Links O’ War | Danny Mourning
TCU Baseball takes the field in one of the last times to see Globe Life before it closes.
This is going to be fascinating to watch.
The Frogs have a couple teams on their schedule going forward that could be reaping the benefits of this rule change.
Asked if the new law could affect those home-and-home series, Donati said: “Potentially.
“Naturally we would not want any of our teams competing with other schools who have artificial and unfair competitive advantages built into their laws that only apply to them.”
Newsom posted on Twitter this message about signing the bill, which has been endorsed by several superstar athletes such as LeBron James:
“We will consider next steps in California while our members move forward with ongoing efforts to make adjustments to NCAA name, image and likeness rules that are both realistic in modern society and tied to higher education,” the NCAA said in a statement. “As more states consider their own specific legislation related to this topic, it is clear that a patchwork of different laws from different states will make unattainable the goal of providing a fair and level playing field for 1,100 campuses and nearly half a million student-athletes nationwide.”
Do GP and Miles have beef? I sure hope so.
“It was a run play,” Patterson said. “We did everything we could to run the football in the second half. I was actually the one who said quarterback keeper because nobody was watching the quarterback. They hadn’t played the quarterback for the last five stretches. It wasn’t being anything more than call a play. It was still a run play.
“You guys know how I am. I took knees the last time we played here. I’m not one of those guys. I’m not one of those guys that runs it up. I’m not one of those guys.”
Patterson and Miles had what appeared to be a cordial postgame handshake afterward, and each spoke well of each other leading into the game.
Max is as steady as they go, but will he keep getting snaps?
“I made him a captain,” Patterson said. “He’s been a captain all of our games. He’s going to keep being a captain whether he’s a starter or not. He’s the reason why I think we’ve progressed because he’s handled it. He’s a Coach [Bill] Snyder type guy. He’s a team guy. He was a captain for them, he’s a captain for me.
“He’s been unbelievable. He’s been supportive. Even through the last two ballgames, he’s been all the above.”
TCU’s players have taken note of that too.
“He’s handled it well, like a mature man,” said Thomas, the junior wide receiver. “He still keeps everybody up. He still helps Max with anything he can help him with. I haven’t seen a shift in his body language or anything like that.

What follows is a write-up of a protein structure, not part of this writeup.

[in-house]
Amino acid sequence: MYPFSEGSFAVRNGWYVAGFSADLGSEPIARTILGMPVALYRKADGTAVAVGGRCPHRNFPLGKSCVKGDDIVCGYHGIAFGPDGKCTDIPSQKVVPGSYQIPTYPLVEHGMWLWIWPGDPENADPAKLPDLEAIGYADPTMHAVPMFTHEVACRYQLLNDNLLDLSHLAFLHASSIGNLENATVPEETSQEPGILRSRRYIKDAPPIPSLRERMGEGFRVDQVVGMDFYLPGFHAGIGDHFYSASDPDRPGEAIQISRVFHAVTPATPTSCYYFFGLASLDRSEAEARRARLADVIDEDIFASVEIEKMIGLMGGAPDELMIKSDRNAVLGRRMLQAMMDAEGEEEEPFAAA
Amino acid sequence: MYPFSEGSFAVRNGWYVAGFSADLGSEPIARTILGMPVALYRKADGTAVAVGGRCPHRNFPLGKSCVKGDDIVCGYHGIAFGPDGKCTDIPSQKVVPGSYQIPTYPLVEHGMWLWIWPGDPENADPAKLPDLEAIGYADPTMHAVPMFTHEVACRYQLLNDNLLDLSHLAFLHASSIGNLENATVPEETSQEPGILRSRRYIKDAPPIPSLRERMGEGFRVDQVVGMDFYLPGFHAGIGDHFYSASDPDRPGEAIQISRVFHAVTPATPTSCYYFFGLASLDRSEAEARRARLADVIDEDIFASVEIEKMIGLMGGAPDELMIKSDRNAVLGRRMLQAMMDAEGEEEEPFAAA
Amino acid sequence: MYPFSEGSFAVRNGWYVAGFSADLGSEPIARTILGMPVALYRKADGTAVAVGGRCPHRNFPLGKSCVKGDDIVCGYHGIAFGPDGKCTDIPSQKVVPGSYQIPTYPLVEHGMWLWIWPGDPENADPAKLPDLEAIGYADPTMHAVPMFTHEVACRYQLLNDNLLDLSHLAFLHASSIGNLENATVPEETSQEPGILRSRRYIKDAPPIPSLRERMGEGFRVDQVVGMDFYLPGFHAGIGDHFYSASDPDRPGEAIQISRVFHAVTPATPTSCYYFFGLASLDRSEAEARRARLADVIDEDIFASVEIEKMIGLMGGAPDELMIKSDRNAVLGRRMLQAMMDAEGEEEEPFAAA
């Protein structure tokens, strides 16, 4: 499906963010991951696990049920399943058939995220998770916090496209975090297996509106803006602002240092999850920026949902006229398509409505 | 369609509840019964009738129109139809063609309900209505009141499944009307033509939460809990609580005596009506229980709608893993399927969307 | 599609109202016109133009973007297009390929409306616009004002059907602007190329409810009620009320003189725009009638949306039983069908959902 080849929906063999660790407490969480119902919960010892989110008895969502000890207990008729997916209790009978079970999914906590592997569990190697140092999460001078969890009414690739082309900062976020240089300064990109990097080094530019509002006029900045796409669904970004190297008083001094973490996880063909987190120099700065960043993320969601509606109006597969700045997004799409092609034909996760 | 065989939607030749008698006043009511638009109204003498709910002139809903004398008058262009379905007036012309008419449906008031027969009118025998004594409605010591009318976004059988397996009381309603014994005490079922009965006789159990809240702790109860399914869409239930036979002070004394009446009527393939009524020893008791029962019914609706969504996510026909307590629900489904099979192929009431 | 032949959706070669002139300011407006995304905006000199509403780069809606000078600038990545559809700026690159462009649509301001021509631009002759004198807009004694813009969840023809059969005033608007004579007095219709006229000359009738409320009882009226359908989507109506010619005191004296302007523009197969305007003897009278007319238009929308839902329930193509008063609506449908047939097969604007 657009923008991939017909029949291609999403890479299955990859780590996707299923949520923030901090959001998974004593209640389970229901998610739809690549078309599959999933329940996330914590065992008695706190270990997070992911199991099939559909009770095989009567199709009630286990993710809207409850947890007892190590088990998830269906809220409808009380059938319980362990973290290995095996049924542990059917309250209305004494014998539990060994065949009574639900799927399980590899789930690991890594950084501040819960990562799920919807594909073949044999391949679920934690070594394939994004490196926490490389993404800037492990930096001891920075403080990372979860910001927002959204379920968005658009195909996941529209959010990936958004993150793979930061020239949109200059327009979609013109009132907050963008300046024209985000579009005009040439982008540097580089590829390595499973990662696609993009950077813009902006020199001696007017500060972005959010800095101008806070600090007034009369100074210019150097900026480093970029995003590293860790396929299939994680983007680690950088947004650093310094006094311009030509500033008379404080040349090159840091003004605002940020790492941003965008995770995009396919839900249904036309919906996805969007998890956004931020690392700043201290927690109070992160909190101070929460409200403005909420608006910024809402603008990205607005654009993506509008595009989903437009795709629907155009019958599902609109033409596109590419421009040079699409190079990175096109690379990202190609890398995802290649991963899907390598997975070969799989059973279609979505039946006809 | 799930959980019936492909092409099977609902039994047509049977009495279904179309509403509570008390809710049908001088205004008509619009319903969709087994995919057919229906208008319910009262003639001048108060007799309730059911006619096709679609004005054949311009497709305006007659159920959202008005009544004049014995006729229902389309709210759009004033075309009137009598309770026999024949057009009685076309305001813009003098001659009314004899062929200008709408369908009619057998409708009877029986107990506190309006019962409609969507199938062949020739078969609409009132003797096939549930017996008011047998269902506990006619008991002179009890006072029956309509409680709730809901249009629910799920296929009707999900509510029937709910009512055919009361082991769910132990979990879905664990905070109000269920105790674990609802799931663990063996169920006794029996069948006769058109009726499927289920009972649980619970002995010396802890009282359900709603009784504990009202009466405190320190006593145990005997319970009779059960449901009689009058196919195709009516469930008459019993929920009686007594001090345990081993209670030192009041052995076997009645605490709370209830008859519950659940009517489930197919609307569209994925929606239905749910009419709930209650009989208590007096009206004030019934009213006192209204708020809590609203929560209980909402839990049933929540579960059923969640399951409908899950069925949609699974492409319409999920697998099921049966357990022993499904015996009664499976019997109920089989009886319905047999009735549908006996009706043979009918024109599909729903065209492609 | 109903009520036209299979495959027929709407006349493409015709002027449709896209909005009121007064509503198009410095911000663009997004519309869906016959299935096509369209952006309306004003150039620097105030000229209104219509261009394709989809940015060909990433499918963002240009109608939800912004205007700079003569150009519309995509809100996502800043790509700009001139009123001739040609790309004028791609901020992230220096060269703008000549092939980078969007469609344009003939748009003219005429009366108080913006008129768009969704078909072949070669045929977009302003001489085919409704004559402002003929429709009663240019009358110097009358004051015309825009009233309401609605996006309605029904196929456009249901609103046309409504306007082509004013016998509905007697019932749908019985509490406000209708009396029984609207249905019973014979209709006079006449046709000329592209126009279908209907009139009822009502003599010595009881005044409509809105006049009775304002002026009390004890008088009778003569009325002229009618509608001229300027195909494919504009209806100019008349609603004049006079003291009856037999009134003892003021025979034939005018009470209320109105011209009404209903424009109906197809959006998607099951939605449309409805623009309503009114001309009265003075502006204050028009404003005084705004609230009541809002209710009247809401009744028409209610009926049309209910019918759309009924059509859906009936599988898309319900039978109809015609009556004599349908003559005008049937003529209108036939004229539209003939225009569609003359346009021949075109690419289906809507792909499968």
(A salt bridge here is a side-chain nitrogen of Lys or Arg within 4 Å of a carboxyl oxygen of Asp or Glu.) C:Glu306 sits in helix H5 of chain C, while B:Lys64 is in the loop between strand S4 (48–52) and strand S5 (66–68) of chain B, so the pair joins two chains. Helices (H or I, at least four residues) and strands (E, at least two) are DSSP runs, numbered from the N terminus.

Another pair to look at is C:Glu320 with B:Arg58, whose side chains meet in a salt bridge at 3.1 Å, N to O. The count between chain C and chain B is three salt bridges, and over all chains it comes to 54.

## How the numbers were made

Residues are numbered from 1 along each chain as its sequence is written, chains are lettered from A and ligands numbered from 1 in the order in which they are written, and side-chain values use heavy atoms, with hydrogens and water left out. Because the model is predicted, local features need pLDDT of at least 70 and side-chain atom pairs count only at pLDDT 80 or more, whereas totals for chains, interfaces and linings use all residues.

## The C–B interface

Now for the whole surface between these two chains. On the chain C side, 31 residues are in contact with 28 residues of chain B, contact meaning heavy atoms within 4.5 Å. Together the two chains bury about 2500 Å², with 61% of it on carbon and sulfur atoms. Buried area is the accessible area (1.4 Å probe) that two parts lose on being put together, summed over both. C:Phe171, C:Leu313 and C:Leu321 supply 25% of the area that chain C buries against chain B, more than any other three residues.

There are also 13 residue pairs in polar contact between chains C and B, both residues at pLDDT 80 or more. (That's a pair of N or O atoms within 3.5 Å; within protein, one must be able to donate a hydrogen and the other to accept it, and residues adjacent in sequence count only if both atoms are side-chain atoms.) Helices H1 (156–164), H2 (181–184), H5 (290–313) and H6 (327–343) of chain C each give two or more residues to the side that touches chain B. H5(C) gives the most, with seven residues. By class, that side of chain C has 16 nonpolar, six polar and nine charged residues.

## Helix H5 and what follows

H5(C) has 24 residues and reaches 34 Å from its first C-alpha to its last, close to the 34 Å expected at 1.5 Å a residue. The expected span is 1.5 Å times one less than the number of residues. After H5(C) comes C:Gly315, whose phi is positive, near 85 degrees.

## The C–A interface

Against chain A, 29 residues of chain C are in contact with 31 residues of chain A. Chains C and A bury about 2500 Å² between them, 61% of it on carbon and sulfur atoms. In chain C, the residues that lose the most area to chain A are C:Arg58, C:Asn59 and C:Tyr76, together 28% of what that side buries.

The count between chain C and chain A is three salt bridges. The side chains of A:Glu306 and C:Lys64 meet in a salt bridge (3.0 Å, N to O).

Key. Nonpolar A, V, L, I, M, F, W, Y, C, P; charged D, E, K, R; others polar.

It’s a prove it year for Bane, and I would bet the house he does just that.
For starters, his usefulness as a non ball-dominant guard with size, production, and three-point shooting will ultimately get him on draft boards. Last season, Bane posted averages of 15.2 PPG, 5.7 RPG, 2.4 APG with shooting splits of 50.2/42.5/86.7, which should make him an elite prospect by basically any traditional measure.
Taking it a step further, Bane’s advanced numbers make him even more unique. He’s one of only five players since 2010 with box plus/minus of eight or higher, three-point percentage of 42 or higher, usage percentage of 20 or lower, and at least 1,300 minutes played. The other four are Jon Diebler, Pat Connaughton (Milwaukee Bucks), Demetrius Jackson (Philadelphia 76ers), and Gourgi Dieng (Minnesota Timberwolves). Of the five, Bane was easily the most prolific scorer, best perimeter defender, and least turnover prone.
Tonight’s game at Globe Life will be special.
This fall is even more exciting for the TCU players. The team has an exhibition game against the Texas Rangers’ instructional squad on Tuesday at Globe Life Park. First pitch is set for 6 p.m. with admission and parking free for fans.
“That’s a huge experience,” senior right-hander Charles King said. “We’re facing guys who have been playing consistently. We’re going to get great looks against guys who are fresh out of college, maybe guys who have been playing in the system a little bit longer. And also good for hitters who will be facing pitchers who have been pitching for the last five, six months.
“We’ll see where we’re at as a team and how we need to improve.”
“I think it’s a great opportunity for Owen and I couldn’t be happier for him,” Hoover head coach Bryan Ashby said. “He’s a hard worker and I know he’ll keep working to achieve his goals.”
Ashby brought Blackledge up to the varsity about eight games into last season after what Ashby described as an injury rehab assignment. Blackledge worked his way to be Hoover’s starting first baseman and hit in the fifth hole as a sophomore. He batted .286 with eight RBIs and four stolen bases in 18 games as Hoover advanced to a district final.
Blackledge, who bats left and throws right, did not pitch any varsity innings this past season but is expected to be on the mound as a junior.